By Megan Anderle, Editor and Contributing Writer
Neelie Kroes, a former Dutch politician who is now the Netherlands’ special envoy for startups, made the bold claim that “cities are the beating heart of our society” and waxed poetic about the need for startups to think about how they disrupt their urban surroundings at the Northside Innovation Festival on June 11.
“Nowadays cities extend far beyond connected cars, planes, and trains; it’s all about that 3.7-terabytes-per-second highway,” she said, referring to the speed (pun intended) at which technology is changing every aspect of our cities.
The annual Northside Innovation Festival, which runs June 8-14, is featuring a few panels on the future of cities. But it started with an impassioned, visionary stump speech from Kroes, whose role entails persuading foreign startups to set up in the Netherlands.
“The Netherlands has always been on the cutting edge of technology, from compact discs to Bluetooth and Wi-Fi,” she said. “The result is inspiration. We have truly smart cities.”
“Nowadays cities extend far beyond connected cars, planes, and trains; it’s all about that 3.7-terabytes-per-second highway”
— Neelie Kroes, Special Envoy for Startups, the Netherlands
The Dutch presence at this year’s festival — which featured Dutch influencers like Kroes and a few pitch competitions with Nordic, Hungarian, Belgian and Swiss startups that are juxtaposed with the usual run of Brooklyn-based companies — is giving attendees a taste of the New York borough’s unique culture.
A range of American innovators, including Roger Lynch, CEO of Sling TV, Kegan Schouwenburg, founder and CEO of the 3-D printing company SOLS, and Or Arbel co-founder and CEO of the viral app Yo, presented as well.
But out of all the panelists, Kroes was a standout for her ardor, who said that we’re at the cusp of a digital urban revolution.
“Urban connectivity is where digital meets architecture, but we can still hardly grasp how the Internet of Things and machine learning are going to affect our lives,” she said. But it is “the startups meeting with urban planners that have the skill and rapid innovation to take this to the new world.”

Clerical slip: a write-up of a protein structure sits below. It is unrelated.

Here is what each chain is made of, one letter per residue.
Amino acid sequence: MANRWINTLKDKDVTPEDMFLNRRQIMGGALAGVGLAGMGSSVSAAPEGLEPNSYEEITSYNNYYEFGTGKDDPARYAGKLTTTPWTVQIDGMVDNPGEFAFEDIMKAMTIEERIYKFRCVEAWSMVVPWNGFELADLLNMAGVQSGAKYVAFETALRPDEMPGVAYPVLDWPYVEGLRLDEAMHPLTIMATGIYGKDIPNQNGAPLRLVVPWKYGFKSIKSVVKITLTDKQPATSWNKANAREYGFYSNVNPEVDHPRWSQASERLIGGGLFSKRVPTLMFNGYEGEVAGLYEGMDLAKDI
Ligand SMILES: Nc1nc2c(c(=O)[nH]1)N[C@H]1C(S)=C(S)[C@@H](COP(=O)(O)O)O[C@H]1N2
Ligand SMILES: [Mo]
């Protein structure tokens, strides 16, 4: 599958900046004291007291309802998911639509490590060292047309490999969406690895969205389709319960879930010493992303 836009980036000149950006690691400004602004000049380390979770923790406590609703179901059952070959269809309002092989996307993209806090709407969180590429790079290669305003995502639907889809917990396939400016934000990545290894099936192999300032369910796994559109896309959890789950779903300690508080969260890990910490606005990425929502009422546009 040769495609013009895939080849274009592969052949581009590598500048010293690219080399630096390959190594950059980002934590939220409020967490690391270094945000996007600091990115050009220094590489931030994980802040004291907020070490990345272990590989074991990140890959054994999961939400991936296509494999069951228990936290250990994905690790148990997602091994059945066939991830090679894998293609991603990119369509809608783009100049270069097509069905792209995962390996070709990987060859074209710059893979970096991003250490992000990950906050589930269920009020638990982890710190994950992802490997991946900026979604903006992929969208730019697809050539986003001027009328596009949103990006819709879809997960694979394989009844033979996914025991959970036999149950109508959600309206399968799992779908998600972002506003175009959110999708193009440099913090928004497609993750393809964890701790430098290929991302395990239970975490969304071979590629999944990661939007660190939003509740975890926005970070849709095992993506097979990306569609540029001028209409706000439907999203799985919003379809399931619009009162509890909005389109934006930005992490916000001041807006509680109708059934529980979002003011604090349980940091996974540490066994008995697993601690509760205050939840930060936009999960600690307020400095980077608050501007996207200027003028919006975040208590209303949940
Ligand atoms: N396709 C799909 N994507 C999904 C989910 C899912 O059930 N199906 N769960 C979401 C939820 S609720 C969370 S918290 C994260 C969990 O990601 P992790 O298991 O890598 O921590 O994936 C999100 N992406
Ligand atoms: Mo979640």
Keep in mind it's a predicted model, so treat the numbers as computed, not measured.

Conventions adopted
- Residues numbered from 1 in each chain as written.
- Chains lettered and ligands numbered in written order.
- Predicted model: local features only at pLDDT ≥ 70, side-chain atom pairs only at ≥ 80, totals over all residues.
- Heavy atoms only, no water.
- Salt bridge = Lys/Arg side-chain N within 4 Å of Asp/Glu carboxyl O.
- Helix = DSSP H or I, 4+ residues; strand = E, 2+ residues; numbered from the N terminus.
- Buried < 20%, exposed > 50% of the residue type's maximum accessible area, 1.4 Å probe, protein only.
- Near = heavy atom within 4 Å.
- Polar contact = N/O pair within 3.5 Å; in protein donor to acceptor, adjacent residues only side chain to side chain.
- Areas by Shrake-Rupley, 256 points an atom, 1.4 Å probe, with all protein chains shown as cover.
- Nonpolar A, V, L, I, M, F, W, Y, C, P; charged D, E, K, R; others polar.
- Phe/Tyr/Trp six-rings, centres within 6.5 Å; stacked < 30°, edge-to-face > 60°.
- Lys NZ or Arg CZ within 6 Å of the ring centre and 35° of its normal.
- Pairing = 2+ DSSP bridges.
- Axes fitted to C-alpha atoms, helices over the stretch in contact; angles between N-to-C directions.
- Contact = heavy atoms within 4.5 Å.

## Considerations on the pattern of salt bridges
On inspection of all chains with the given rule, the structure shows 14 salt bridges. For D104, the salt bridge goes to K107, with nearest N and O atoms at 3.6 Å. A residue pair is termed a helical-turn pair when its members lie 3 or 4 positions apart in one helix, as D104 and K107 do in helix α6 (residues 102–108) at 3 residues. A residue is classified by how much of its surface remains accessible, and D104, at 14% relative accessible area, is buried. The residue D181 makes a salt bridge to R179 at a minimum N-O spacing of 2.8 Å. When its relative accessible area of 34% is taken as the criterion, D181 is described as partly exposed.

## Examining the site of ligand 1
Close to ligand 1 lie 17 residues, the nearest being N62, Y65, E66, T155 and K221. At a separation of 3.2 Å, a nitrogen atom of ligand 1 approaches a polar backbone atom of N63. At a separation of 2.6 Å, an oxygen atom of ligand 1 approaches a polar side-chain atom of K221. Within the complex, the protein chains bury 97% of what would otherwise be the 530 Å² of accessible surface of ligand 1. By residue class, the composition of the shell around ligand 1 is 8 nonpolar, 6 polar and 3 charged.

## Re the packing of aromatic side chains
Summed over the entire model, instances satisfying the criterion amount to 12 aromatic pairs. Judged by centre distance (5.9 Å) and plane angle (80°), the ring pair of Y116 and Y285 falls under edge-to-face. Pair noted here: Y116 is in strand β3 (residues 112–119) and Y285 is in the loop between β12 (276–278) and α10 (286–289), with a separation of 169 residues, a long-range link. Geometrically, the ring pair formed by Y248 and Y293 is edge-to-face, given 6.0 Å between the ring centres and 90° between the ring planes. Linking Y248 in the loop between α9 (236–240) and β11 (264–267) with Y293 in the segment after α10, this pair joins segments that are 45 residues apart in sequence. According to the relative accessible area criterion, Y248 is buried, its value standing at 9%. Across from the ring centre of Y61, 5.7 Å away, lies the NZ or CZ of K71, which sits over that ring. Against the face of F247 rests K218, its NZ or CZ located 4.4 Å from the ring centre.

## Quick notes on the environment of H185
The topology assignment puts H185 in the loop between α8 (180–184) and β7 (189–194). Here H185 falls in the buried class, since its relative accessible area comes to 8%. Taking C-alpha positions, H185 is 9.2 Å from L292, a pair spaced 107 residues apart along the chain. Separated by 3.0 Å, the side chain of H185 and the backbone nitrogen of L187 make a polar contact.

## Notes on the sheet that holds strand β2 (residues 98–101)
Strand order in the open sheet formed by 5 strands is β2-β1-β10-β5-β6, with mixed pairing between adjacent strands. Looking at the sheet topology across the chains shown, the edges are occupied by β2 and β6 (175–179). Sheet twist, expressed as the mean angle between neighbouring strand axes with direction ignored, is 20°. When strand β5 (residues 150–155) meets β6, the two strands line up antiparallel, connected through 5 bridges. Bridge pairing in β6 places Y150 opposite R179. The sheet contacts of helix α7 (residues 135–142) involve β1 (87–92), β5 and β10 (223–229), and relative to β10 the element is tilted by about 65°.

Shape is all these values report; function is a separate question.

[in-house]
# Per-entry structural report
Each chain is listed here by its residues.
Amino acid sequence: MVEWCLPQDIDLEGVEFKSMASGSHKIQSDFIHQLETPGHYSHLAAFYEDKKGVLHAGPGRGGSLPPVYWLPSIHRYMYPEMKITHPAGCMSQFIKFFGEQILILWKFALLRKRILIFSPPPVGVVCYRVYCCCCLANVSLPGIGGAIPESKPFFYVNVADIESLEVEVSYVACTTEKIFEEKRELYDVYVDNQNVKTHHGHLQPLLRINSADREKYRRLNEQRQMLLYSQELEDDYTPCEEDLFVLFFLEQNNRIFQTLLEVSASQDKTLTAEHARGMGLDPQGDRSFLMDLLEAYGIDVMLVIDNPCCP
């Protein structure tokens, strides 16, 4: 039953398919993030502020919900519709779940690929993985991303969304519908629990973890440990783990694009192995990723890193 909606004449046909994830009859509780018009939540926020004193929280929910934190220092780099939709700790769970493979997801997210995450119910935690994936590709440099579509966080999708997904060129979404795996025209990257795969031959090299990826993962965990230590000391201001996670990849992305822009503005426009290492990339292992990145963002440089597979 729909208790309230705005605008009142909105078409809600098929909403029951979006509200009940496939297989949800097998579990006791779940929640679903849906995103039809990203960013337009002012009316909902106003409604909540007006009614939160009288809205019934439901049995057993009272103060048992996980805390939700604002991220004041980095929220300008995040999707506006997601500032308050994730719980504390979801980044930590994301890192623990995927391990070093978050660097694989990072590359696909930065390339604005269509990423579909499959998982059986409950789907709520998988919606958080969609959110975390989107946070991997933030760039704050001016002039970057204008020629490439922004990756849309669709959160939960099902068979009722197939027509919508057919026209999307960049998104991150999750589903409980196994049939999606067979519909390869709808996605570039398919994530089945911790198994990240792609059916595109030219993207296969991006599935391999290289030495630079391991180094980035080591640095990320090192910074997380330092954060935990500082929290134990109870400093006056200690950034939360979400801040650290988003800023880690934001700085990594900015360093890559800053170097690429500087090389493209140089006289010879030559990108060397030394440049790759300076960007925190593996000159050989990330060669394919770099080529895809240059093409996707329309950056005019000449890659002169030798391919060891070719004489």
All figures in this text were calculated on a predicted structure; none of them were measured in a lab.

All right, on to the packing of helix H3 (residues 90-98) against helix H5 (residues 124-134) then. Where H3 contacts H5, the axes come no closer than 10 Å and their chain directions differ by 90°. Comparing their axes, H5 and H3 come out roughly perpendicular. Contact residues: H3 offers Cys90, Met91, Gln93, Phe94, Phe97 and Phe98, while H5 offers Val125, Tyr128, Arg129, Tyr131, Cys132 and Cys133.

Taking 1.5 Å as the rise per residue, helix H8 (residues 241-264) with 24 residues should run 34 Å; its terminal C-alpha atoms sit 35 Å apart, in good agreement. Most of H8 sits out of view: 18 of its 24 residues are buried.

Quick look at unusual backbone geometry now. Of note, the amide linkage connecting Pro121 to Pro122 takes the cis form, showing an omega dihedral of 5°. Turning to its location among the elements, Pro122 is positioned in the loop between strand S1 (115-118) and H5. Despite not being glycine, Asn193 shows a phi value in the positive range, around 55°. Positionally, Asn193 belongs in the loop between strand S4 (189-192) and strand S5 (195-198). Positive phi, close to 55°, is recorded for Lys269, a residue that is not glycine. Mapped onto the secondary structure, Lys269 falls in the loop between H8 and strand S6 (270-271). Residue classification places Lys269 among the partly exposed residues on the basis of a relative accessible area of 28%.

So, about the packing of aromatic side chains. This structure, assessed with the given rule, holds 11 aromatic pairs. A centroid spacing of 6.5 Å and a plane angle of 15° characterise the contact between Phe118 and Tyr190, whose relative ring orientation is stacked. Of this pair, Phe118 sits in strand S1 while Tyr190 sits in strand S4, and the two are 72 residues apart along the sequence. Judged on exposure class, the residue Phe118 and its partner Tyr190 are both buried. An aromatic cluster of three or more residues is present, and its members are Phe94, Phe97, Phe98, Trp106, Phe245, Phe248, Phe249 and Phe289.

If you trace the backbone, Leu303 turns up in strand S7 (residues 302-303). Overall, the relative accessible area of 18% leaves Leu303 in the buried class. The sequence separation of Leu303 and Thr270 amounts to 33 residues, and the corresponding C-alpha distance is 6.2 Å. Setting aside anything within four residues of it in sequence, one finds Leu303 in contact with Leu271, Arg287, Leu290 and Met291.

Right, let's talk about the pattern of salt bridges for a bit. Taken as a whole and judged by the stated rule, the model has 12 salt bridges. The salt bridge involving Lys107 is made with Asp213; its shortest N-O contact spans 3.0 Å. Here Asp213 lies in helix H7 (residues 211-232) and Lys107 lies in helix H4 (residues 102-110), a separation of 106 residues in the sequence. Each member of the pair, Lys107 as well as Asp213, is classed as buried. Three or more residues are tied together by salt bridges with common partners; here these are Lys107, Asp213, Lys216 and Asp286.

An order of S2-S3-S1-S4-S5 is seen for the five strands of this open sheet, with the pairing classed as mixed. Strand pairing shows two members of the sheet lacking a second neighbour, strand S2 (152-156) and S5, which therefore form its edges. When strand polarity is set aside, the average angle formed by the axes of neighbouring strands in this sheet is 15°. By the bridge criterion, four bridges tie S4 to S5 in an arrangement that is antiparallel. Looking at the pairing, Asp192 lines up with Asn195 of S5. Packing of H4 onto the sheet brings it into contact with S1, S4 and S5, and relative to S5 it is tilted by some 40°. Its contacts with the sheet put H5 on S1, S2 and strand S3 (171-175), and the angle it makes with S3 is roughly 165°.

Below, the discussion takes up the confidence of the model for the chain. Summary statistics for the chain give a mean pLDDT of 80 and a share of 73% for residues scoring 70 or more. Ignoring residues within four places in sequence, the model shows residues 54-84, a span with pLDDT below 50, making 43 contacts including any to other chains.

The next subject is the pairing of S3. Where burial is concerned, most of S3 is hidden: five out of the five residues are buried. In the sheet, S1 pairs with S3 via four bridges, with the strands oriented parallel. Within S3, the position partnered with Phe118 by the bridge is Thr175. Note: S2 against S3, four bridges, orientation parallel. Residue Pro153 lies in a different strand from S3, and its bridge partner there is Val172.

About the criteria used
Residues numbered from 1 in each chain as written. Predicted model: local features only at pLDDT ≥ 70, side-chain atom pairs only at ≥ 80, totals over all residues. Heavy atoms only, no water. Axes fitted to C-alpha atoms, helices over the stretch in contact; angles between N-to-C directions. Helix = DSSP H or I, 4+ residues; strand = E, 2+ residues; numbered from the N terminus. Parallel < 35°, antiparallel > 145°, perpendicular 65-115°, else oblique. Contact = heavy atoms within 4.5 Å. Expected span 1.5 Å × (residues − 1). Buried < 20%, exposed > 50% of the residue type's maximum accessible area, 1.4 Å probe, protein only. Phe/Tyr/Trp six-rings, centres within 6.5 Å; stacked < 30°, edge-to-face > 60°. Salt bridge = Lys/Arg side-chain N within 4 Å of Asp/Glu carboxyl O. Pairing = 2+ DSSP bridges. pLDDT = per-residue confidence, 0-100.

European, New York innovators unite
Following the festival’s theme of melding of two distinct worlds — New York and Western Europe — a few New York City urban tech types took to the stage immediately after Kroes. And just like that, it was a seamless transition, which seemed to symbolize the unifying power of technology in cities.
Among the panelists: Colin O’Donnell, a partner at the technology and design firm Control Group, and one of the members of CityBridge who’s working to turn old New York City pay phones into super-fast Gigabit Wi-Fi; Jay Cross, a developer; Jeremy Schneider, CTO for Alliance for Downtown New York, and Noelle Francois, director of community outreach at Heat Seek NYC that aims to keeps the heat on for tenants and landlords each winter.
The panelists discussed the development of the Hudson Yards neighborhood in Manhattan, an old section of the city between Chelsea and Midtown that is currently undergoing a digital reformation.
“Hudson Yards is the exact opposite of lower Manhattan; when it first started, cow paths were being paved over and there was no grid,” Schneider said. “Now that the infrastructure is being built, we can be creative.”
Bringing fast Wi-Fi to the area, creating a safer community with novel tech solutions that help emergency service workers respond faster, and developing digital amenities for businesses to better serve customers and make more money are a few top initiatives for urban planners.
While some of these ambitions are more straightforward than others — such as bringing super-fast WiFi to the area — others are more complicated — such as building a framework for aspirational entrepreneurs to make their creative vision come to life.
“How do we create opportunities for people to innovate for people who aren’t even using the Internet there yet?” Francois asked.
And the cost of these kinds of solutions can be astronomical, especially when the redevelopment is at an unprecedented scale, Cross said.
“It’s a huge investment, but we’re investing in a future,” Cross said.